I would love to come back to this page after all of these weeks and report a list of the wonderful things that have happened in 2016 so far. I would share the goals that I’ve reached, and the moments that I’ve chosen to stay instead of walking away. I could paint you a picture of all of the ways that I’ve lived so committed in 2016, but I won’t. I can’t.

Don’t get me wrong, there certainly have been moments and stories worth celebrating, and I could easily embellish them and leave you with a beautiful picture of my life this year. I could tell you about the adventures I’ve been on. I could tell you about the ways that I’m learning to love better and more honestly. After reading the words you might even credit me as someone worth following or looking up to. You might like me a little bit better. But that’s just it. You would like me in the same way you like a picture you’ve seen while scrolling on Instagram, forgetting that the whole thing is filtered and cropped and far from the truth. The picture I could paint might be pretty but it wouldn’t be real. It wouldn’t be honest.

You see, I can promise you so little on this page.I can’t promise that you’ll love everything you read. I can’t promise that I’ll always be right (in fact, it’s safe to say now that I will be wrong). I can’t tell you how long I’ll be writing or how often or whether or not you’ll gain anything at all from these words.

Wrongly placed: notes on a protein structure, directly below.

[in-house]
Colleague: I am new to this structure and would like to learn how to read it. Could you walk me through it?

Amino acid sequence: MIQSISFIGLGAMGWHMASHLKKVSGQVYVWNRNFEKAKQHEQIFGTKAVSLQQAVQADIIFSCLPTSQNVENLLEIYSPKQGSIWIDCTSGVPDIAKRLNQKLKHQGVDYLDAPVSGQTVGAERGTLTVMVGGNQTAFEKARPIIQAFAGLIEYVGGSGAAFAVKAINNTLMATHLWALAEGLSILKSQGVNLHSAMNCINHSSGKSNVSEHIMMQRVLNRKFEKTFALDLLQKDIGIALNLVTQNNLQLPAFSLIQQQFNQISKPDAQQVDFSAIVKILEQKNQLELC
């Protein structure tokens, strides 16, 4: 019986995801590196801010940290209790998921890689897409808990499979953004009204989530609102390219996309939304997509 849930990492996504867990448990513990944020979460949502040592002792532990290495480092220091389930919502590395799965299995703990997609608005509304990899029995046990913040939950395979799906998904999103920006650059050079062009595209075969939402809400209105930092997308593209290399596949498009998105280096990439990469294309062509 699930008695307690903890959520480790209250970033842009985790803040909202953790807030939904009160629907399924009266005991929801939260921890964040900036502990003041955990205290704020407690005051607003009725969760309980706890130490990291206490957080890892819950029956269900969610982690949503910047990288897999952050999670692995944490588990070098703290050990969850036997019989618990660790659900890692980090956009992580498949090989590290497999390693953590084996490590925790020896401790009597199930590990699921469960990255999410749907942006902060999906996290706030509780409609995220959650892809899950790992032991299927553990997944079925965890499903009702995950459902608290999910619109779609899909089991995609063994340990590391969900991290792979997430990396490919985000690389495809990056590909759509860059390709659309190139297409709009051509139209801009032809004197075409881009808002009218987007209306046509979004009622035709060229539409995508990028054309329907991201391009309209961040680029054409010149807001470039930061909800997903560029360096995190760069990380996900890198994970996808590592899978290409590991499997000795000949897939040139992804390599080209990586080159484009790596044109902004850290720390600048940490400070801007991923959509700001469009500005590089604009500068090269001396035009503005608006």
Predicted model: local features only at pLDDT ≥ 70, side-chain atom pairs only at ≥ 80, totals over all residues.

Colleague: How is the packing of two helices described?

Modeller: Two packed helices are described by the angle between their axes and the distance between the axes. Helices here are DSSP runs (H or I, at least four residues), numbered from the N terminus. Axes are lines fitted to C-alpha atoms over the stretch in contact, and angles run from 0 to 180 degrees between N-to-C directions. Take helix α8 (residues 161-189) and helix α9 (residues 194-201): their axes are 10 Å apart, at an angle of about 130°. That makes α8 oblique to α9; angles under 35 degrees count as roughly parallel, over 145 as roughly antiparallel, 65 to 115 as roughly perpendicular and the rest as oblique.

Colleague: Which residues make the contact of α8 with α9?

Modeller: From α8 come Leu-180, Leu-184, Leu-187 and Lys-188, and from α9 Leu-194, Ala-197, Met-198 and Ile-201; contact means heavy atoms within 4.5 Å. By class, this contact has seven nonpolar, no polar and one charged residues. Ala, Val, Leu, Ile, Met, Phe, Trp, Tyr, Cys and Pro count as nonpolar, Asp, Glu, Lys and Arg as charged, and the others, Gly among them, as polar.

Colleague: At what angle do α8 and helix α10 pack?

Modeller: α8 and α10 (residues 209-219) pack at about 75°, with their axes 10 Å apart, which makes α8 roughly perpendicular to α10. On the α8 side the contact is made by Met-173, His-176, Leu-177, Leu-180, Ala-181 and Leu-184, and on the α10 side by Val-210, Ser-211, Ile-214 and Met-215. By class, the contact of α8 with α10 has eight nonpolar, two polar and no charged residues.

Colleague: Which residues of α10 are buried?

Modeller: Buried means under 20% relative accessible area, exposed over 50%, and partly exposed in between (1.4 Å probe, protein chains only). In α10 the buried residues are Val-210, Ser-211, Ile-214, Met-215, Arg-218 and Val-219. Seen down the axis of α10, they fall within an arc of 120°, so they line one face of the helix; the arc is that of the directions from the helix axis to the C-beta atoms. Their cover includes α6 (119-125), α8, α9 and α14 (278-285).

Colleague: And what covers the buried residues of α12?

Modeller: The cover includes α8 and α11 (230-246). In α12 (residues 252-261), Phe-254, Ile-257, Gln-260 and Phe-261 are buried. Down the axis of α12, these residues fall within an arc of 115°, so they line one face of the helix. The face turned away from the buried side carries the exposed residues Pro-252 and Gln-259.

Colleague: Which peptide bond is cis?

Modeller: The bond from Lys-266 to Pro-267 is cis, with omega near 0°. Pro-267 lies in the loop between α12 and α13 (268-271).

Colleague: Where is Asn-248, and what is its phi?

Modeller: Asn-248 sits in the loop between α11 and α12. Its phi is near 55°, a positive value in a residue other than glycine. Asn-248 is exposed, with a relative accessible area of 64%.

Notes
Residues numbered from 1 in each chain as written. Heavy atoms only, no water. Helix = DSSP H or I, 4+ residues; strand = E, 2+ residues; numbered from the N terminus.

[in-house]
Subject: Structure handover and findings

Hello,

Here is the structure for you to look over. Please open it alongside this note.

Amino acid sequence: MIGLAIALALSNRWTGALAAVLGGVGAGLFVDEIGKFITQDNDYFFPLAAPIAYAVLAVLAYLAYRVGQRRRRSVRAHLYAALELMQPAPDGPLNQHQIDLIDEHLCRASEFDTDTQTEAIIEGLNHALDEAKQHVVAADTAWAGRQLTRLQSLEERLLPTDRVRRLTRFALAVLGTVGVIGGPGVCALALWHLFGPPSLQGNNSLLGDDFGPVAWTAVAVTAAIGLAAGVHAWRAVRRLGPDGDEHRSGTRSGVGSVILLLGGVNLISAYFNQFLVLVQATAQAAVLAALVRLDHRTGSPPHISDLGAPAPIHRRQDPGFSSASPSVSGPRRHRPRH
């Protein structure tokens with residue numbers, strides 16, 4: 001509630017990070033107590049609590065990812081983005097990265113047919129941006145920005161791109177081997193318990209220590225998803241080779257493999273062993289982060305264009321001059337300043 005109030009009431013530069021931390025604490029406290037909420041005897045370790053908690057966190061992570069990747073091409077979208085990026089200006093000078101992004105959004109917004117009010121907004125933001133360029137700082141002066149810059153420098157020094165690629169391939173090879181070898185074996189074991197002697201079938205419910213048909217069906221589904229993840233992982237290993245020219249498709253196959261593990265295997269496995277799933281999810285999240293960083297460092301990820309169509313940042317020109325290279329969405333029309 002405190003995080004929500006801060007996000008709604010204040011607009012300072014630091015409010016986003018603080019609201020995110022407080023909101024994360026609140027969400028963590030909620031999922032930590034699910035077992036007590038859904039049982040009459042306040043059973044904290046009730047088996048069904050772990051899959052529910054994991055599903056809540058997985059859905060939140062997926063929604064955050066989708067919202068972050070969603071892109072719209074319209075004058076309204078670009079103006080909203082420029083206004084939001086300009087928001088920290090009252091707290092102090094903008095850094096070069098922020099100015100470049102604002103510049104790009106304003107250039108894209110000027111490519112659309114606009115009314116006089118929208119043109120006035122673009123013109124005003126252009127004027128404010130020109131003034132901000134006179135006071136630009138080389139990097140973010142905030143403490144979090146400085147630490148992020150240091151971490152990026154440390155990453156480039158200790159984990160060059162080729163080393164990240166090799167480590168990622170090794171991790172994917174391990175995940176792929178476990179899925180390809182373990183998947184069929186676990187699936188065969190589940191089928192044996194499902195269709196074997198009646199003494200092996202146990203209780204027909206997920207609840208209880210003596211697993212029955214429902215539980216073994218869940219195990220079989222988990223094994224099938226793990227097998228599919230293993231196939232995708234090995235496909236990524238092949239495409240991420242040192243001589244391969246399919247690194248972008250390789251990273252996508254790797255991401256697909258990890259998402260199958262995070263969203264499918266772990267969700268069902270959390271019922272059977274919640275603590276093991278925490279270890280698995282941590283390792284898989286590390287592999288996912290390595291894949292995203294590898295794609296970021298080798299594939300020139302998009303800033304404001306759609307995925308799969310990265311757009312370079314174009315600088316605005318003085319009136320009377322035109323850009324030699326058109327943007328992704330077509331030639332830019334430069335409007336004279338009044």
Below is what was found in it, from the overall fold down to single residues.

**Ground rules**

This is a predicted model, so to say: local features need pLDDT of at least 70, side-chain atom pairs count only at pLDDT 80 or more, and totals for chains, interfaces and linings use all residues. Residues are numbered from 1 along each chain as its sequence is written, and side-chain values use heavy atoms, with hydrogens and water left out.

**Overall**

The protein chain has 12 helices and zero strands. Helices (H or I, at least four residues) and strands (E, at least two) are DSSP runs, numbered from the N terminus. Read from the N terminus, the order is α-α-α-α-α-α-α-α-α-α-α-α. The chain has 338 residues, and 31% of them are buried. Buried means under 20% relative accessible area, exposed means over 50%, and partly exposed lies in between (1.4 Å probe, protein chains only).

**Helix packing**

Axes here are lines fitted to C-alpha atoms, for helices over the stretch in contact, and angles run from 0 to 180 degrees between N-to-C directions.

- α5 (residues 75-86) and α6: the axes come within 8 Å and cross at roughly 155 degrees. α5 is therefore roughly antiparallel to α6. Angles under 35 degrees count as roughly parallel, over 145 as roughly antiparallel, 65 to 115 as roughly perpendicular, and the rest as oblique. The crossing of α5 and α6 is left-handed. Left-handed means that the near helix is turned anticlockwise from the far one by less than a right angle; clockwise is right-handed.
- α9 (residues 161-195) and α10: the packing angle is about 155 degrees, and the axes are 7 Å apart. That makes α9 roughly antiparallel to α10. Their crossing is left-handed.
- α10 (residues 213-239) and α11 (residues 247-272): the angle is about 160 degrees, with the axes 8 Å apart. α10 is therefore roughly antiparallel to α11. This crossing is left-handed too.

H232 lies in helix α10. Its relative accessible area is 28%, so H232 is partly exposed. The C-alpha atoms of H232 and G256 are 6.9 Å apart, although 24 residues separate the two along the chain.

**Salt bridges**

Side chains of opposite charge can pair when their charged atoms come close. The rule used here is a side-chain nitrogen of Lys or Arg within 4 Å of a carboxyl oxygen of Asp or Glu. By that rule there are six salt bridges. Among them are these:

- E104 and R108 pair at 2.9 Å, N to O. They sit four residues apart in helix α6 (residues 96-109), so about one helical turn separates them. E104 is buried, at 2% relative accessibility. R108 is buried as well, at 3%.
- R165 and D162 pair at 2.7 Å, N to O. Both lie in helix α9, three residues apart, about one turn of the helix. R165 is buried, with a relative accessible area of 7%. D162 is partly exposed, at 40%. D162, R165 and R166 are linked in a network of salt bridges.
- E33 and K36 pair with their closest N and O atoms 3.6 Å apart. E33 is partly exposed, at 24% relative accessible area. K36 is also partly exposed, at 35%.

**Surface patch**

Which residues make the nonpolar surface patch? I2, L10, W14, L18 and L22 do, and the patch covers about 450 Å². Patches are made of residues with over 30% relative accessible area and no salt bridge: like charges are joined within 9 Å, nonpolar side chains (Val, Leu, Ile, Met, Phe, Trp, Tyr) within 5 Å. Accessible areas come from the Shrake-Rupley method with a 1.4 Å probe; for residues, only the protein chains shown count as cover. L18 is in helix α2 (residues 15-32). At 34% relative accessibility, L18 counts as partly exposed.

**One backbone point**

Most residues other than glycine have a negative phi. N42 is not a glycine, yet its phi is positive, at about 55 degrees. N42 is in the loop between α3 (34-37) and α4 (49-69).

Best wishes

I can promise you only one thing: I’m going to try my very best to be honest with you in this space. No filtered words. No pretty pictures. Just the truth.

Here’s the truth: this year didn’t get off to the best start.

I made mistakes. I watched friendships fall apart. I cried a lot. My priorities got mixed up and somewhere along the shuffle of being busy, my heart stopped beating. Not in the physical sense, but in the sense that it stopped beating for the things that I love. I can’t explain this feeling, but my heart stopped caring. Gradually, without notice or warning, apathy consumed me.  Somehow I had become the Tin Man, wondering why I couldn’t feel a thing.

That’s the thing I’m learning about heart change. It rarely happens overnight, and most often we don’t even realize it’s happening until we stop for a moment to look back. Every day we make choices; which voices we choose to listen to and the ways in which we spend our time. Day-to-day, these choices seem insignificant and petty, but slowly they etch away at our hearts.Just like water against a rock, it’s not the strength but the frequency that shapes us. It’s the every day.

Slowly my heart had changed its shape. All love became forced and I couldn’t understand why. This frustrated me to no end because my heart is such a big part of who I am. I wanted to love so badly but my desires didn’t match up. With everything in me I just wanted to care without pretending and trying hard and talking myself up to it. I wanted to listen for the sake of hearing, and look for the sake of seeing – not because I felt like I had to.

I remember the night that I first recognized this shift in my heart. It was a month ago today. I sat myself in the back of a crowded room full of friends, wanting only to be alone. – Isn’t it funny how we tend to push people away in the times when we need them to hold us tighter? I might be an expert at trying to face these things on my own before realizing that I can’t. – I eventually couldn’t even stand beside anybody so I retreated to a different room and I just wept. I couldn’t tell you why, exactly, but I felt far from myself and far from God that night. I think this was the moment that I first caught a glimpse at the footprints in the sand marking how far this way I had wandered.